Insights into patient needs
The CLL Advocates Network (CLLAN) is a global network of patient advocacy organizations dedicated to improving the outcomes of patients with CLL through collaboration with national organizations. Principles guiding the work of CLLAN include the support of local communities, sharing of best practices and advocacy for better care and access. Implementation of CLL-specific support in all countries is an important goal. At the same time, no direct support of patients and their families is provided; this remains in the scope of the national or regional advocacy associations and advocates.
Global multiple stakeholder surveys have been conducted and co-conducted by CLLAN to understand real-life experience and needs of patients and carers. Also, current gaps and opportunities are mapped to address equity, service and unmet need. At iwCLL 2023, Brian Koffman, MDCM, CLL Society, presented results from the CLL Patient Advocacy and Support Survey, the Global Leukemia Patient Experience Survey, and the Global Leukemia Carer Experience Survey. These online surveys were conducted between 2021 and 2022 with CLL patients, their carers, and support organizations from across the globe. Areas of interest included the provision of support services for CLL by patient advocacy organizations, access to CLL healthcare prior to the COVID-19 pandemic, and the impact of COVID-19 on the delivery of CLL care.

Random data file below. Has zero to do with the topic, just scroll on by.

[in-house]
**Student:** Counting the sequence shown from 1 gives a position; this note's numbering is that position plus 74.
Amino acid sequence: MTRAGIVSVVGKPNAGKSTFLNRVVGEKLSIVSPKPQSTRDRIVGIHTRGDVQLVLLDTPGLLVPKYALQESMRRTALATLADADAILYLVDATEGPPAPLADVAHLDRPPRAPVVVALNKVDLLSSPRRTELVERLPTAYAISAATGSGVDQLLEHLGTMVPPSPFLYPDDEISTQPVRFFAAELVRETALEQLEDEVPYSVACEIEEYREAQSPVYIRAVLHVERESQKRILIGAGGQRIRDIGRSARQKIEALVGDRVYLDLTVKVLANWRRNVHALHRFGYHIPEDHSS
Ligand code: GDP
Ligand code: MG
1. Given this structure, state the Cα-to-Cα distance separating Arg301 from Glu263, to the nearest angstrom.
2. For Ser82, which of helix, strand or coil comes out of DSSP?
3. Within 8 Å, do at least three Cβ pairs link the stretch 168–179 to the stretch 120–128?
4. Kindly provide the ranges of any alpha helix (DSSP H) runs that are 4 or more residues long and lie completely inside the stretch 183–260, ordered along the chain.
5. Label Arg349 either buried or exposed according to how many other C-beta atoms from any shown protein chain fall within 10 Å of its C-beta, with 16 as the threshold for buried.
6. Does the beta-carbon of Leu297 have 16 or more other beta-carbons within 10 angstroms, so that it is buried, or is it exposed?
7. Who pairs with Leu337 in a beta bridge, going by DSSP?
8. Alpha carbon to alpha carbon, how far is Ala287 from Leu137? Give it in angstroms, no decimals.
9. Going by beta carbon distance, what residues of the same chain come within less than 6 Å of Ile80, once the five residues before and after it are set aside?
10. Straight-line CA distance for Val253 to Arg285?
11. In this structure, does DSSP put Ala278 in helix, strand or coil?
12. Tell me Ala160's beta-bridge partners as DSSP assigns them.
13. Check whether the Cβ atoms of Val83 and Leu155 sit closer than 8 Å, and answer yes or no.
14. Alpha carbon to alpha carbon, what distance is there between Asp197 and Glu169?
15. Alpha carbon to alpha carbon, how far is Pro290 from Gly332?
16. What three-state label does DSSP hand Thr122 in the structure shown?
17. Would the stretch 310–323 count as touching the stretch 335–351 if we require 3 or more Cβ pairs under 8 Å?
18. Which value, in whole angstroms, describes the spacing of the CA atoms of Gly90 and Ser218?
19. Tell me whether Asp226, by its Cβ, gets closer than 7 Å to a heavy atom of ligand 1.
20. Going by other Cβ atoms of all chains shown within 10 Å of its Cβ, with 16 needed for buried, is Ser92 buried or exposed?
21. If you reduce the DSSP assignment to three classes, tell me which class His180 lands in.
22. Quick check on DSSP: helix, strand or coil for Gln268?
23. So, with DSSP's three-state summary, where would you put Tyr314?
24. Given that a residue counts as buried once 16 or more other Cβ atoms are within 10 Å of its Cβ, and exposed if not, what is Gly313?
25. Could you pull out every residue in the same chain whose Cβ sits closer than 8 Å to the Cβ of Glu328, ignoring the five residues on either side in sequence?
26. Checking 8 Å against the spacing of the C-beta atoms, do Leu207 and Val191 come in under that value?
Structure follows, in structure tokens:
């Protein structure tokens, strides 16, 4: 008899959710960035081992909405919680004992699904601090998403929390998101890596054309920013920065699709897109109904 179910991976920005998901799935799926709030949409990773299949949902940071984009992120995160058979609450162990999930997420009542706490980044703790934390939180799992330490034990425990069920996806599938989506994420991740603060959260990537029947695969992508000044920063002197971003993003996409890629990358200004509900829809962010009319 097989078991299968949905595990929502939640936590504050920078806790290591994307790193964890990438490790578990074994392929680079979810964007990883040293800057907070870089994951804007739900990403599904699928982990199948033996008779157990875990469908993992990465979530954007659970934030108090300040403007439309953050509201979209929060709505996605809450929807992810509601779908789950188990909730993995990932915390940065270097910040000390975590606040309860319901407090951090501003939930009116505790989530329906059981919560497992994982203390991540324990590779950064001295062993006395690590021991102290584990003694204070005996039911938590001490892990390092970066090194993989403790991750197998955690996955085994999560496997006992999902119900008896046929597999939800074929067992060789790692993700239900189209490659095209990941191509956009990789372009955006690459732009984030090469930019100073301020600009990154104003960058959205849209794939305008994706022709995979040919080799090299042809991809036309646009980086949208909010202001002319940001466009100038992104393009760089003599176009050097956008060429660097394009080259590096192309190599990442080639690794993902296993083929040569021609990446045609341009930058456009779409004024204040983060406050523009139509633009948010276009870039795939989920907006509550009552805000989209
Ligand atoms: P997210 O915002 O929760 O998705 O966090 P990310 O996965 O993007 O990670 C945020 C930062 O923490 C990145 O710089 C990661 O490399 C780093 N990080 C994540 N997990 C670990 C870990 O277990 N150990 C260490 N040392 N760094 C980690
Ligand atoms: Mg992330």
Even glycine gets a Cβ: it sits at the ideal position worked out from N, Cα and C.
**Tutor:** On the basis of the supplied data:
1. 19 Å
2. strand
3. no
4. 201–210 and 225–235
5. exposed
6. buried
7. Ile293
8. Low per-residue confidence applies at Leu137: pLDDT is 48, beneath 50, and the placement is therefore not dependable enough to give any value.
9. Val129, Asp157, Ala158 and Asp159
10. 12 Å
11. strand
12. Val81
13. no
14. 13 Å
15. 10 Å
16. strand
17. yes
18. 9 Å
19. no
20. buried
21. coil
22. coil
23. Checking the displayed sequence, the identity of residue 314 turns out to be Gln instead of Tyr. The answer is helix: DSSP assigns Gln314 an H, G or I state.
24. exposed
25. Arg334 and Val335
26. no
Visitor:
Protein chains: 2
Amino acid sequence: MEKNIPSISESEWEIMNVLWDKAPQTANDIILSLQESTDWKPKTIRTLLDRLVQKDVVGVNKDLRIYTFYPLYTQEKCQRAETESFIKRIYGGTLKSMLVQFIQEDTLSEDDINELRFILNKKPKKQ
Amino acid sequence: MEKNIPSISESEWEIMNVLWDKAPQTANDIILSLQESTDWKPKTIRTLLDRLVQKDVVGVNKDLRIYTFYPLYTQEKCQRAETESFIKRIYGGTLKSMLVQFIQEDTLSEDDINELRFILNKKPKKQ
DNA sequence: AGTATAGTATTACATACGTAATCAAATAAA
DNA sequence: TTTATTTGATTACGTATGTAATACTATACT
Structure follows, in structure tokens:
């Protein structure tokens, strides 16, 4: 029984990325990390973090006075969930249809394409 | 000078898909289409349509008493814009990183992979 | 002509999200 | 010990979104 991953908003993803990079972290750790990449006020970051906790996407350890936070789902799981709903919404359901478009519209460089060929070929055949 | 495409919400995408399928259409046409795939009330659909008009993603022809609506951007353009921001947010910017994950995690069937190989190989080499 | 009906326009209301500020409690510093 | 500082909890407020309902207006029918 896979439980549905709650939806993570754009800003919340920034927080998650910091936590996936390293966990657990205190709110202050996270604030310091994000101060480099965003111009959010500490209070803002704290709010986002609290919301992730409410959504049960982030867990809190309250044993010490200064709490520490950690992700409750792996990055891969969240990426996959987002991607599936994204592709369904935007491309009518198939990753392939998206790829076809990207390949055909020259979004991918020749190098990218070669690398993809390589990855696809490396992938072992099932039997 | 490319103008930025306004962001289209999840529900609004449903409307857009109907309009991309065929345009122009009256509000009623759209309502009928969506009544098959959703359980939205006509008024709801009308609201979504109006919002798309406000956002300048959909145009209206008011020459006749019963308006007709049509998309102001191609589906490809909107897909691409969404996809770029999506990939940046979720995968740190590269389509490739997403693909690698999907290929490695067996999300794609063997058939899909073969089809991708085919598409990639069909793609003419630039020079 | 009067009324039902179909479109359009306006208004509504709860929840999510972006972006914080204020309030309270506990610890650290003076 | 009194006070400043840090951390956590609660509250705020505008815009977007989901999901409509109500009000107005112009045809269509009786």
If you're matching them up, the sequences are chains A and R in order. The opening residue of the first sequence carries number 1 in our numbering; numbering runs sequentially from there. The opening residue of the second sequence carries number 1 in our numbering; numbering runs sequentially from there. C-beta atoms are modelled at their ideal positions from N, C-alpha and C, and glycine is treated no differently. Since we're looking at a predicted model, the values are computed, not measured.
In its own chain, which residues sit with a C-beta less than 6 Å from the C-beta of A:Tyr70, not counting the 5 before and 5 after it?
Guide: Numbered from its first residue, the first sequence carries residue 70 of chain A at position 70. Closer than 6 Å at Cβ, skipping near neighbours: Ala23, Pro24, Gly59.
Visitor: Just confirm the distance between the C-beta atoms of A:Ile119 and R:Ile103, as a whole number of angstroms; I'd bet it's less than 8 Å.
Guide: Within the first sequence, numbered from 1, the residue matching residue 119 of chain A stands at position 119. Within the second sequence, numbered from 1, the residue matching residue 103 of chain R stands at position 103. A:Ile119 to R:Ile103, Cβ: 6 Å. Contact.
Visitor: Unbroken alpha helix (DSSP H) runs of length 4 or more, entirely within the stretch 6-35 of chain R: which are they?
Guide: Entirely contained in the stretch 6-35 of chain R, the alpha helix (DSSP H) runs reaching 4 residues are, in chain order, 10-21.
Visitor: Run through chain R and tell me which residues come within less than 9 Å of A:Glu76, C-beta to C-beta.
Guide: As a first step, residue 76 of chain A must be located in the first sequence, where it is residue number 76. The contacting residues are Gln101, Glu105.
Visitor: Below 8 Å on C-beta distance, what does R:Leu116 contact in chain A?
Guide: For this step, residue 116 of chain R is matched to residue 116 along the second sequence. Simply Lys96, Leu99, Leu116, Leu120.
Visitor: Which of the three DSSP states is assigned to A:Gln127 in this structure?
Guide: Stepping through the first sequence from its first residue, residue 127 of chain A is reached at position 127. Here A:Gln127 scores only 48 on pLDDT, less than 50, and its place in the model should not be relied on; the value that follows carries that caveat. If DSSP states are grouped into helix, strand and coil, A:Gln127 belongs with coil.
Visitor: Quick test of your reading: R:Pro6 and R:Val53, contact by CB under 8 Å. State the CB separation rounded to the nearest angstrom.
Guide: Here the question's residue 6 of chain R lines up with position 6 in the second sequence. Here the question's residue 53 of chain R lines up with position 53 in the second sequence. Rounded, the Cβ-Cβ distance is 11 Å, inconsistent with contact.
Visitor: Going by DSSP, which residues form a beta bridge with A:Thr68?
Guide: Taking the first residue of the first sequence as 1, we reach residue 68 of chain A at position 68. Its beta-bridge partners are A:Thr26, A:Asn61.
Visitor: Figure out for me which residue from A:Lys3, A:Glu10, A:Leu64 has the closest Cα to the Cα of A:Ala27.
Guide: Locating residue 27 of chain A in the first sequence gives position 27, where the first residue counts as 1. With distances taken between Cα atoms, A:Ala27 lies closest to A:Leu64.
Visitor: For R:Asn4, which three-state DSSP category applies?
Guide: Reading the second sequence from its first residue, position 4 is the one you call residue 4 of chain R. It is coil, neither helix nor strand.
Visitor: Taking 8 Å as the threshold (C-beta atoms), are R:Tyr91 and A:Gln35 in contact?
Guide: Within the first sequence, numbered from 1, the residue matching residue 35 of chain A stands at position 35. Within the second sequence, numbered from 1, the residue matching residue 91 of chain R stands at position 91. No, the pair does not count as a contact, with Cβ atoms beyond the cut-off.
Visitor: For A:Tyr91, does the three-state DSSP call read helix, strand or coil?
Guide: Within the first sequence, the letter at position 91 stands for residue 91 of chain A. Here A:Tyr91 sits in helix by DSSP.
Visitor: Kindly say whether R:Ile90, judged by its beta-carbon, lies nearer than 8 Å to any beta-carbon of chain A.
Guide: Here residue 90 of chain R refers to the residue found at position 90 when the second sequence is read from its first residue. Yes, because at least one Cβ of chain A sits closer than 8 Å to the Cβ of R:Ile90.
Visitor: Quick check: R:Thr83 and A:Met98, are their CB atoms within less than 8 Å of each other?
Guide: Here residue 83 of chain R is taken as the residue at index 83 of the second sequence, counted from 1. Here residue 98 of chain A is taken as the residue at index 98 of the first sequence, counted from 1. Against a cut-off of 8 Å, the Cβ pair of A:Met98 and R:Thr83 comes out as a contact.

The investigators received responses from 1,202 patients, 137 carers and 57 support organizations across 40 countries. To understand and identify geographical impacts, the countries were segmented into low-and-middle-income countries (LMIC) and high-income countries (HIC).
Numerous gaps between LMIC and HIC
As the analysis showed, educational services were provided markedly more often in HIC, although awareness campaigns were conducted more frequently in LMIC. Regarding services that patient support organizations did not offer at the time of the survey but would like to offer, 42 % of responders from both HIC and LMIC mentioned clinical trials directories. Dr. Koffman noted that the need for news and conference coverage was much higher in LMIC (53 % vs. 8 % in HIC). However, lack of human resources/staff/volunteers was found to be a universal phenomenon (74 % for both LMIC and HIC).
Being able to afford care was definitely an issue for 32 % and 18 % of responders in LMIC and HIC, respectively. The question of whether enough approved therapies are available was answered with “no” in 58 % vs. 37 %. A huge difference emerged in terms of delayed diagnosis (Figure). Likewise, the results with respect to access to CLL specialist care centers and mental health resources after the CLL diagnosis favored HIC over LMIC, although the 18 % proportion of responders in HIC indicating definite availability of mental health care must be considered inappropriately low, as Dr. Koffman pointed out. Adequate opportunities to enter clinical trials are basically only available in HIC; here, this question was answered with “yes” in 21 % and with “yes, to some extent” in 50 %, while for LMIC, this was only 5 % and 11 %, respectively. Patients reported treatment delays due to the COVID-19 pandemic in 58 % vs. 38 % in LMIC vs. HIC.